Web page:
I just finished Rick Houston and Milt Heflin’s excellent Go, Flight!: The Unsung Heroes of Mission Control, 1965 – 1992, and HAD to view this movie following the book’s take down of it. Read more following the jump…
Go, Flight! spares nothing in its assessment of 1974’s Houston, We’ve Got A Problem. From page 310:
There is no way to fully describe how completely dreadful the 1974 made-for-television movie Houston, We’ve Got A Problem turned out to be. …The best that could be said about the movie was that is was apparently made with the full cooperation of NASA and Johnson Space Center. Scenes were filmed in the MCC hallways and control room and actual audio from the mission was used throughout. Tom Stafford has a line or two during the simulator scene, public affairs officer Robert T. White portrayed himself, and a handful of real-life controllers like Bob Heselmeyer were used as extras. That was where any semblance of realism began and ended. Stafford was lucky that only the top of his head was shown during his brief appearance…
So naturally I had to watch this catastrophe to make my own critical assessment of the movie, which is OBVIOUSLY a documentary factually recreating one of the most visible, terrifying NASA crises of all time.
|Tom Stafford’s cranium, ladies and gents. Note the excellent yellow/maize flight suit with the Gemini 9A patch. The Oklahomski translator must have had the day off when this scene was filmed.|
I’ll be blunt, the movie was so fully awful I couldn’t watch it continuously; instead I fast-forwarded to view what I considered the best “highlights.” It’s somehow high praise when a movie makes the loathsome Marooned look like a blockbuster production.
Here is a rundown of my “favorite” scenes:
- Sandra Dee in general: Faded “Gidget” child actress and Bobby Darin ex-spouse Sandra Dee stumbles around drunk through most of this film as a controller’s angry, jealous wife; the film pretty much opens with her completely losing her mind as her poor husband has to go to work in order to save the lives of Lovell, Haise, and Swigert. Because HOW DARE THEY EXPLODE THE SIDE OF THE SERVICE MODULE WITHOUT HER PERMISSION! At any rate, she is pretty entertaining, is probably cheating on her husband, and at one point overdoses. Somehow at the end she’s well enough to view the Apollo 13 splashdown, and with the crisis now averted, things are miraculously okay with her relationship with her husband. WTF did I just watch?
- Robert Culp writhing on the ground in a Speedo having a “heart attack”: I really have no clue how this scene was inserted into the movie. All I know is Robert Culp as flight controller “Steve Bell” (Hot Mess Flight) is chilling by the pool with his poor wife, suddenly drops his iced tea (shattering the glass with a dramatic flourish) and has some kind of heart episode. Conveniently he’s wearing a tiny bathing suit, and the scene of him writhing in agony by the pool wearing a banana hammock is filmed in excruciating ultra-slow motion. Bell’s heart problems don’t end there. At the film’s end, he collapses in the hallway outside of the MOCR after valiantly prepping the crew for reentry, and therefore saving the day. Thankfully, this time he was fully dressed. It’s never fully explained if Bell survives, because the movie sort of derails to an end right there.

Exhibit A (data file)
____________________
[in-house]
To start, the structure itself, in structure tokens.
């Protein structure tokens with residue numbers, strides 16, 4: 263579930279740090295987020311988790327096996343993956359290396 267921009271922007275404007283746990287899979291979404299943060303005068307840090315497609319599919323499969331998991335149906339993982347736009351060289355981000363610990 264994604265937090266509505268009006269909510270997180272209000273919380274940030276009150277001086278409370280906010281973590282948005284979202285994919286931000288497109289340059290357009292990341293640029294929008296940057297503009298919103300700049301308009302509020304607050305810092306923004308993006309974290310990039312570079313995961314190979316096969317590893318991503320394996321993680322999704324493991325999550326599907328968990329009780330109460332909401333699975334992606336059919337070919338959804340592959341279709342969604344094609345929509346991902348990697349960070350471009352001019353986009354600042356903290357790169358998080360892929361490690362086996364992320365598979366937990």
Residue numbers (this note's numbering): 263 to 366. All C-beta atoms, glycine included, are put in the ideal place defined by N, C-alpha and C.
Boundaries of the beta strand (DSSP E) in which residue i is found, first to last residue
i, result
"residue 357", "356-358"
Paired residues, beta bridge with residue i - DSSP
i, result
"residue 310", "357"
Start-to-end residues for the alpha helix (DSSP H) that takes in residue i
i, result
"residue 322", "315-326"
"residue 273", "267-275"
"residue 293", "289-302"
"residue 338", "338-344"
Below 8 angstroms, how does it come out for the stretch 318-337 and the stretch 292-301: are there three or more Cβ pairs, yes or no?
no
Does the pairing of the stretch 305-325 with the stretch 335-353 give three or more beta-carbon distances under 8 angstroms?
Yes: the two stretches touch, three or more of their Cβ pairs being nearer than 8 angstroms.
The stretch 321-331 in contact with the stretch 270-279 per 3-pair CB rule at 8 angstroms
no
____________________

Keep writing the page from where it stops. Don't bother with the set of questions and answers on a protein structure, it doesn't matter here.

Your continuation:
- Best Supporting Role awarded to Tom Stafford’s head: Actual NASA astronaut Gen. Tom Stafford makes a cameo appearance in the film in a simulator scene, but as mentioned above, only the top of his noggin is shown. Interestingly, Stafford is wearing the maize colored “Skylab era” flight suit of the mid-1970s (space nerd note), and at no time was his Oklahomski translated to English for the discerning viewer. For a dedicated enthusiast, this was the sole thrill of the movie. It’s just a shame Stafford couldn’t have simulated a better movie for him to star in…
The relentless drama is not limited to these incidents; there is also a custody battle and a dying relative situation, among other things. It seems that everyone in the MOCR scheduled the complete collapses of their personal lives during the exact week Apollo 13 ran into problems. I’ve been told Lovell actually quipped following the premiere of this movie that the crew members were somehow safer in space had this actually been going on in Houston.
|“Did I save them?” “Just please, cut out the theatrics and die already, sheesh.”|
At the film’s end, I was hoping the real Lovell, Haise, and Swigert (hey, toss in Mattingly too) would walk in and say, “We’re back! We survived, heard you missed us! We solved all of our problems on our own, since you all were so obsessed with crazy s–t on the ground.” For completists only, watch at your own risk.
Emily Carney is a writer, space enthusiast, and creator of the This Space Available space blog, published since 2010. In January 2019, Emily’s This Space Available blog was incorporated into the National Space Society’s blog. The content of Emily’s blog can be accessed via the This Space Available blog category.
Note: The views expressed in This Space Available are those of the author and should not be considered as representing the positions or views of the National Space Society.